This is one of a series of
stories in the Vancouver Observer,
each about or inspired by Experiments, an
evening-length dance production expressing the
essence of scientific creativity, performed at
the Scotiabank Dance Centre in Vancouver.
It is about one of several ways
working in Experiments
changed my life.
branches off from one in
On the Genesis of Experiments, so I
need to back up a bit to get you started. In
that story, Larry Dill, one of two SFU behavioural
ecologists who came to the grand opening of the Lee
Gass Gallery and long time colleagues of mine,
told me about a dance-science collaboration
that changed his life. It changed my
life too and led, ultimately,
Larry had just
finished his story when I saw
the other ecologist, Mark Winston, walking
toward us across the street so I went out the door
and diagonally across the intersection to greet him. We
talked on the corner a while, then started back toward
the gallery. Even before the middle of the street, Mark
started telling his own version of the story about
the dance collaboration Larry had
just told me inside.
Mark’s life too. He’d barely
begun to speak when suddenly, right in
the middle of a sentence, with no warning to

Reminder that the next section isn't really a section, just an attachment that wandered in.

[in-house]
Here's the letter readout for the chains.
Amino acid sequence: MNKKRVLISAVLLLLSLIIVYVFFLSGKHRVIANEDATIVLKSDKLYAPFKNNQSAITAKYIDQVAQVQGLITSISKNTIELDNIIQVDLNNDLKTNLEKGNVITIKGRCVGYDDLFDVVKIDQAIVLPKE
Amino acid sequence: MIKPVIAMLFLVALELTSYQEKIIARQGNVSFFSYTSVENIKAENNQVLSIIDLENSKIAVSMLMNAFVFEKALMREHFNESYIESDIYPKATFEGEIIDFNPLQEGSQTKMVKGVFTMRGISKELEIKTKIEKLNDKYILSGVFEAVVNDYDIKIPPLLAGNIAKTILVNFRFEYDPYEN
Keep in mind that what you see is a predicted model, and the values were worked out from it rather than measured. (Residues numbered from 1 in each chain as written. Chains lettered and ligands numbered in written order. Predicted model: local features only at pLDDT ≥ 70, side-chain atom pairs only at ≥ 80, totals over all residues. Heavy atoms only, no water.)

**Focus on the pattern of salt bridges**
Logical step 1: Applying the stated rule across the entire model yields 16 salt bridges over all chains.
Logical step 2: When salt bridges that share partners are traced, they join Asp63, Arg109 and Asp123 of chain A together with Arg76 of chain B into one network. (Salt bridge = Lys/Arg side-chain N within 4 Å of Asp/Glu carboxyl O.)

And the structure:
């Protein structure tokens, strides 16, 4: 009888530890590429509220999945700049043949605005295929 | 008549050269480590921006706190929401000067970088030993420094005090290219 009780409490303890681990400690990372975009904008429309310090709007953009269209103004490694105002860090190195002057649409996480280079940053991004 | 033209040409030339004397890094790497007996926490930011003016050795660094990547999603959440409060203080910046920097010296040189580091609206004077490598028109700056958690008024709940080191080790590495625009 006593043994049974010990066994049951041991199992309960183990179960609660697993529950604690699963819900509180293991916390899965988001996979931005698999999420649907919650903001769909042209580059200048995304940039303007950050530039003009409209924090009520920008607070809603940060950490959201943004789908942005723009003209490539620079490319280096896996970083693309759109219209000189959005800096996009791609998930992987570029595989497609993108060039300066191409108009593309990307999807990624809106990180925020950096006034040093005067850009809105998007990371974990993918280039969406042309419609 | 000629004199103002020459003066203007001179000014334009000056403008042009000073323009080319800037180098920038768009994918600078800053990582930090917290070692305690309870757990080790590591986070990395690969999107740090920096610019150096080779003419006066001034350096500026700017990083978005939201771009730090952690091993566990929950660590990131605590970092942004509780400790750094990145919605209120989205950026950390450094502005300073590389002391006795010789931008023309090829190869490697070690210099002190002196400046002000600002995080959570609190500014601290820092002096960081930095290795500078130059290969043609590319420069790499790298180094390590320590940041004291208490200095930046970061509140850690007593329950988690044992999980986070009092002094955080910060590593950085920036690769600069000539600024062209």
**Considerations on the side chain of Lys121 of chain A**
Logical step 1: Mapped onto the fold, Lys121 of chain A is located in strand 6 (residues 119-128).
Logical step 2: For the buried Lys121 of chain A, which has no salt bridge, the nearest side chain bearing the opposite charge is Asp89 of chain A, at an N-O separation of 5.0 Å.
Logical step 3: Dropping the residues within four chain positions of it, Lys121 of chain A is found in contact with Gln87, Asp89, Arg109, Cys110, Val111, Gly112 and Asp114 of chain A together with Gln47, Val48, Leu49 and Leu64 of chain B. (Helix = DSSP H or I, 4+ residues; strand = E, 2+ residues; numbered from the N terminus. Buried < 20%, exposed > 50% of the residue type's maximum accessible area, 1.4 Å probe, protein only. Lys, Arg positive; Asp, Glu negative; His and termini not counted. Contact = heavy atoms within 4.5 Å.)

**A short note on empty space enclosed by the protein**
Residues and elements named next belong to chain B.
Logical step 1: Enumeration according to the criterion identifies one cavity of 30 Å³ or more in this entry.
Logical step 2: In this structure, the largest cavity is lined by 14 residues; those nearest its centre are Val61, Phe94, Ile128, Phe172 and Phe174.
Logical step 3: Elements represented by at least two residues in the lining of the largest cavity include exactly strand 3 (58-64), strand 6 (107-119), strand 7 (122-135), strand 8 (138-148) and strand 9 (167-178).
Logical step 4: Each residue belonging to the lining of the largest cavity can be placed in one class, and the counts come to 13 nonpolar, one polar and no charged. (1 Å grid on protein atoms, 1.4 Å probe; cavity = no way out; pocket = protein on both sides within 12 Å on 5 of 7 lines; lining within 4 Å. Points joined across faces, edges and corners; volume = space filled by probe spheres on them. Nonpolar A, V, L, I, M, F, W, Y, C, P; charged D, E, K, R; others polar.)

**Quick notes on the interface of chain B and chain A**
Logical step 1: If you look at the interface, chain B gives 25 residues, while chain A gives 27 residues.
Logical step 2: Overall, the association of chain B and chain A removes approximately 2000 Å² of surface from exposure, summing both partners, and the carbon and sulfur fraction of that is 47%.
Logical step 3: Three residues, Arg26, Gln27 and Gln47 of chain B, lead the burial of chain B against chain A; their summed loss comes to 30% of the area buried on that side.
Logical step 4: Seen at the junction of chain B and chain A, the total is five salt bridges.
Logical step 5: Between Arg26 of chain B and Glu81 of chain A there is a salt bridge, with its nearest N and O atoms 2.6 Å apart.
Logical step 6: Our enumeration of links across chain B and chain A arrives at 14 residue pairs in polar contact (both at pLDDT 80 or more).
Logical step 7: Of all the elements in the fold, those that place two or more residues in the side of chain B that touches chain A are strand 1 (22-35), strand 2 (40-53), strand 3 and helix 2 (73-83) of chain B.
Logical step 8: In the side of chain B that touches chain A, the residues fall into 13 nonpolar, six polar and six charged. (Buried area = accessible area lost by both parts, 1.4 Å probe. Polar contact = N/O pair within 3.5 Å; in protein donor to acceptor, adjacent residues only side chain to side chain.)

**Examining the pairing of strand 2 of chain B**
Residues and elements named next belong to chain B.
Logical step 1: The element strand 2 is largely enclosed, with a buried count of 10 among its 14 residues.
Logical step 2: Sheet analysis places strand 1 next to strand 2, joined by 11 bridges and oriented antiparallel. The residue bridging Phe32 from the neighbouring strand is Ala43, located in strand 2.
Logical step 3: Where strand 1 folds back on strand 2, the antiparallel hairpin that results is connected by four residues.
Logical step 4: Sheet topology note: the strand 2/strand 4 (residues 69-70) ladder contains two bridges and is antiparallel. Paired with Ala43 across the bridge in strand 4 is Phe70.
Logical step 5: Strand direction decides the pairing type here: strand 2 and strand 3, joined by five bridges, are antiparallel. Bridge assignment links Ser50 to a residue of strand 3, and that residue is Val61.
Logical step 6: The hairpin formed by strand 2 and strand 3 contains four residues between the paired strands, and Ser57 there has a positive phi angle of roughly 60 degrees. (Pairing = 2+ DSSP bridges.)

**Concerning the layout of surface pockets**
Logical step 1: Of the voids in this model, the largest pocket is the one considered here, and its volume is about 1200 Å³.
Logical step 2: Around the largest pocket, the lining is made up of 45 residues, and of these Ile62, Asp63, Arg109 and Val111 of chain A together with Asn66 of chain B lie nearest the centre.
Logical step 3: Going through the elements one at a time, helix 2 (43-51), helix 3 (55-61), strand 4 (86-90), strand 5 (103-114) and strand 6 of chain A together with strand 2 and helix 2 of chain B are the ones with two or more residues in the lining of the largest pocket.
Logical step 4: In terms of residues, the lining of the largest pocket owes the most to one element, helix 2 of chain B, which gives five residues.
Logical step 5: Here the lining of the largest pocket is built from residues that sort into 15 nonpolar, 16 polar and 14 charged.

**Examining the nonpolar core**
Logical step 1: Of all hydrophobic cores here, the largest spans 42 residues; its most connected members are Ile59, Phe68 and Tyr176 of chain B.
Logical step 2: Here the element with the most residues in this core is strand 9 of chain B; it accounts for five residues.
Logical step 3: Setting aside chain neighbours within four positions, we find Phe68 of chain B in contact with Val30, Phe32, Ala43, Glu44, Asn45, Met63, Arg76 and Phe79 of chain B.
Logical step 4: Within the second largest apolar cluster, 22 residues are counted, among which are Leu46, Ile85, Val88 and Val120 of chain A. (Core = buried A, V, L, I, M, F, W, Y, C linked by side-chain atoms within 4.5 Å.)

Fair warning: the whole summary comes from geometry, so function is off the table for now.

me (or, apparently, to himself), he took off in
a whole new direction. He stopped, put
out an arm to stop me, looked me
in the eye, and asked if
I knew what I’d
I nodded through
the door toward Eternal Flame,
exactly as it sits in the picture, asked
That one? He nodded yes, I shook no,
and so he told me. Then a minute
or two later he told Lu.
Before I tell you
what Mark told me that night,
I need to give you some background. Millions
of other people already knew what Mark was about
to tell me that night. But I didn’t know and Lu didn’t
know, which connects to a story about how
Eternal Flame got its name.
That’s one thing.
is that the story about
Mark Winston and Eternal Flame
erupted instantaneously from his story about
dancing, taking less than the blink of an eye for both
of us to flip, suddenly, into another reality. After Mark
said one word and before he said the next, something
snapped, a light came on, we went over the lip
of a catastrophe manifold, and we
were in another space.
When the stories
switched, we were were almost
precisesly where I had stood when I
took this picture, earlier that
In one instant, Mark
danced in a street with a scientist about
dancing about science. In the very next instant,
in the middle of a sentence, he was dancing with a
sculptor about sculpting. Only a sentence or two
later we flipped again, into that story
I haven’t told you yet.
It amazes me that
we went through those transitions
so quickly and didn’t skip a beat. Over and
over again, that kind of thing happens, not just
in my own life, but, from what I’ve been able to tell,
nearly everyone else’s. Not always, and it doesn’t
always work. But it works often enough to
make me wonder how it happens.
I also find it phenomenal
that re-shaped rocks like Eternal Flame
can engender such events!
What Mark said
about Eternal Flame is simple.
Synogogues have an eternal flame,
the ner tamid, usually a lamp or light
above the altar, that never goes out.
In the middle of a sentence about
something else, my sculpture
reminded him of that
and I think that’s
Later, Mark published
an article about that connection
in the Jewish Independent newspaper.
First published in the Vancouver Observer.
Edited March 2021